The header of this article may upset followers of Jeremy Corbyn, as the comparison between the MP for Islington North and the former Conservative Prime Minister may seem to them as drawing comparisons between Jesus and Satan. Likewise, many Conservatives probably won’t look favourably upon equating the Iron Lady to Corbyn which they will regard as, well…. comparing Jesus to Satan.
Before members both ends of the political spectrum take their knives out in unison: I have my reasons. No, Corbyn did not curtail the power of the unions, nor did he drag the UK into war and neither did he cause the end of Britain’s mining and manufacturing industries. The comparison lies somewhere different.
As I’ve mentioned in a previous article, it is difficult to fathom for non-British people how deeply Margaret Thatcher has divided British society – some revere her as Britain’s best ever Prime Minister, whereas others gladly sung ‘Ding Dong! The Witch Is Dead’ when she passed away. Decades after her stint as PM, Thatcher is still causing many arguments in British society today. This divisiveness has made sure that the jury, comprised of the entire British populace, is still out on whether her soul should spend eternity in a temperate or scorching hot climate. Though thoroughly unfit for the title ‘Lady Marmalade’, Maggie Thatcher is wholly deserving of the moniker ‘Lady Marmite’ – you either love her or hate her.
But if there is someone who has stepped up to the plate to earn the title of ‘Lord Marmite’, it is none other than Jeremy Corbyn, although the dislike of Corbyn crosses political boundaries. It comes as no surprise that the political right in Britain nurture an intense dislike for this democratic socialist and are eager to paint a highly unfavourable picture of the former Labour leader (leading to the Sunday Express dedicating an entire front page to Corbyn’s (good heavens) diesel car). However, within the Labour ranks, Corbyn is just as divisive.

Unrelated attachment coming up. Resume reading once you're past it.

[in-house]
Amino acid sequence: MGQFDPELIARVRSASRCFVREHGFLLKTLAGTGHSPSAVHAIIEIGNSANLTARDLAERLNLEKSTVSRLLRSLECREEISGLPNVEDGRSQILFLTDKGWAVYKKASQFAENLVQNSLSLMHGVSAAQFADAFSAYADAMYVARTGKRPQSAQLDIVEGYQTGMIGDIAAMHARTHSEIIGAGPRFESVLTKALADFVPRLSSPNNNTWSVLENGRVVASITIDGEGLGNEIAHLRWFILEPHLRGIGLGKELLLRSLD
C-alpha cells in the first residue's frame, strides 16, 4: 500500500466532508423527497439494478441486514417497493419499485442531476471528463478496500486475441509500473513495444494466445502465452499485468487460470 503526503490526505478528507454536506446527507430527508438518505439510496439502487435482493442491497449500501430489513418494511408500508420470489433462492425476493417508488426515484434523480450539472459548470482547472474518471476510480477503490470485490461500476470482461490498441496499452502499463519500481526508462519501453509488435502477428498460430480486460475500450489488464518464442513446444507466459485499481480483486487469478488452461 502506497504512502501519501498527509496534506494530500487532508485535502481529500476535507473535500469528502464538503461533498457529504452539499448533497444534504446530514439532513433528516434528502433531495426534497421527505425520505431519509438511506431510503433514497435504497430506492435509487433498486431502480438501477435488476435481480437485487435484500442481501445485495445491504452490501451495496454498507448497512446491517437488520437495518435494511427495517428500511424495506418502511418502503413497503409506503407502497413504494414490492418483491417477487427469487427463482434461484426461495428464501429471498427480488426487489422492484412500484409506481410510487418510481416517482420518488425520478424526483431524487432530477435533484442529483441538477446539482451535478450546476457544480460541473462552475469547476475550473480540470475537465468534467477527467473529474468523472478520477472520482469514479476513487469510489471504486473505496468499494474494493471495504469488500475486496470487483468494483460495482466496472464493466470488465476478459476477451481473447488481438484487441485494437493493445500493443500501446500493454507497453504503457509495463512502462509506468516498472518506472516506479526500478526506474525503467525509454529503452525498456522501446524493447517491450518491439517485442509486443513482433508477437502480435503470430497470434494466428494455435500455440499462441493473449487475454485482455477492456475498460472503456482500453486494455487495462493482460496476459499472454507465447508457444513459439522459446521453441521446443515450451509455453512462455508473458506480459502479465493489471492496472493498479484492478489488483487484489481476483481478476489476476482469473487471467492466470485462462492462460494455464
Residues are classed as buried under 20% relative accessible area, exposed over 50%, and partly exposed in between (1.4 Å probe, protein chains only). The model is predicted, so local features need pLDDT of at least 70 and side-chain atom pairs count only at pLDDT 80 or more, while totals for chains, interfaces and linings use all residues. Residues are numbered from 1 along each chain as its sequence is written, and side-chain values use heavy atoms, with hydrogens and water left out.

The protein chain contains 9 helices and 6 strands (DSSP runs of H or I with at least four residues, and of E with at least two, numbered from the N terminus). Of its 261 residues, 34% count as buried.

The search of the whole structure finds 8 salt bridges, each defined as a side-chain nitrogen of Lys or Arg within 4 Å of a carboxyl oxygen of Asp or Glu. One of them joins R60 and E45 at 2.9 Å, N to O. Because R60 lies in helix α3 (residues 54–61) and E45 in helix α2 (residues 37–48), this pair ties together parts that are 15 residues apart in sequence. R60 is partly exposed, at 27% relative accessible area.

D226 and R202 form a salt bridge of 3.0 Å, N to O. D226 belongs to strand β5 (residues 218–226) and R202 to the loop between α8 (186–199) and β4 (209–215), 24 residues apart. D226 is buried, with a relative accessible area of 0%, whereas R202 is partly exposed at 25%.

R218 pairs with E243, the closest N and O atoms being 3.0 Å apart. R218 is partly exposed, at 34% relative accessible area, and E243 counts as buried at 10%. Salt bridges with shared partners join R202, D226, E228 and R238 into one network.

His ideas for a fairer society and bringing important services back to state ownership made him very popular with a large part of the political left. However, on the other hand, plenty of progressives were not so enamoured with him – not only did they did they fear that his ideas on society and the economy would scare voters off, but also his changeable stance on Brexit did not appeal to Leavers and Remainers alike. Ultimately, he declared Labour to be ‘politically neutral’ on Brexit in November 2019 – making Labour as attractive as a wet newspaper for the many voters for whom Brexit was the most important issue. The Tories stuck to their ‘Brexit means Brexit’-mantra, which meant absolutely nothing – but at least they were consistent.
Labour suffered their worst election since 1935 a month later. Throw persistent rows about antisemitism into the mix, and voila, the position of Corbyn had become wholly untenable immediately after. But over a year later, the wounds within Labour have far from healed – a mere mention of the name ‘Corbyn’ on Twitter will guarantee that you’ll end up in heated debates between people who are glad to see him gone and others who would have loved for him to stay on (and presumably lead Labour into third consecutive General Election defeat). These debates turn rather nasty very quickly.
It has now even led to a breakaway party being founded – the Northern Independence Party or NIP (its followers already being referred to as ‘nipples’ by their detractors). They will undoubtedly occupy a similar role to UKIP in British politics – perhaps they’ll win a seat in the House of Commons, but they’ll mostly only serve to take votes that would normally have gone to Labour – which will therefore aid the Conservatives.
With new leader Keir Starmer thus far having failed to steady the ship, the immediate future for the left in Britain looks bleak. However, the future for those who love pointless, volatile arguments looks brighter than ever.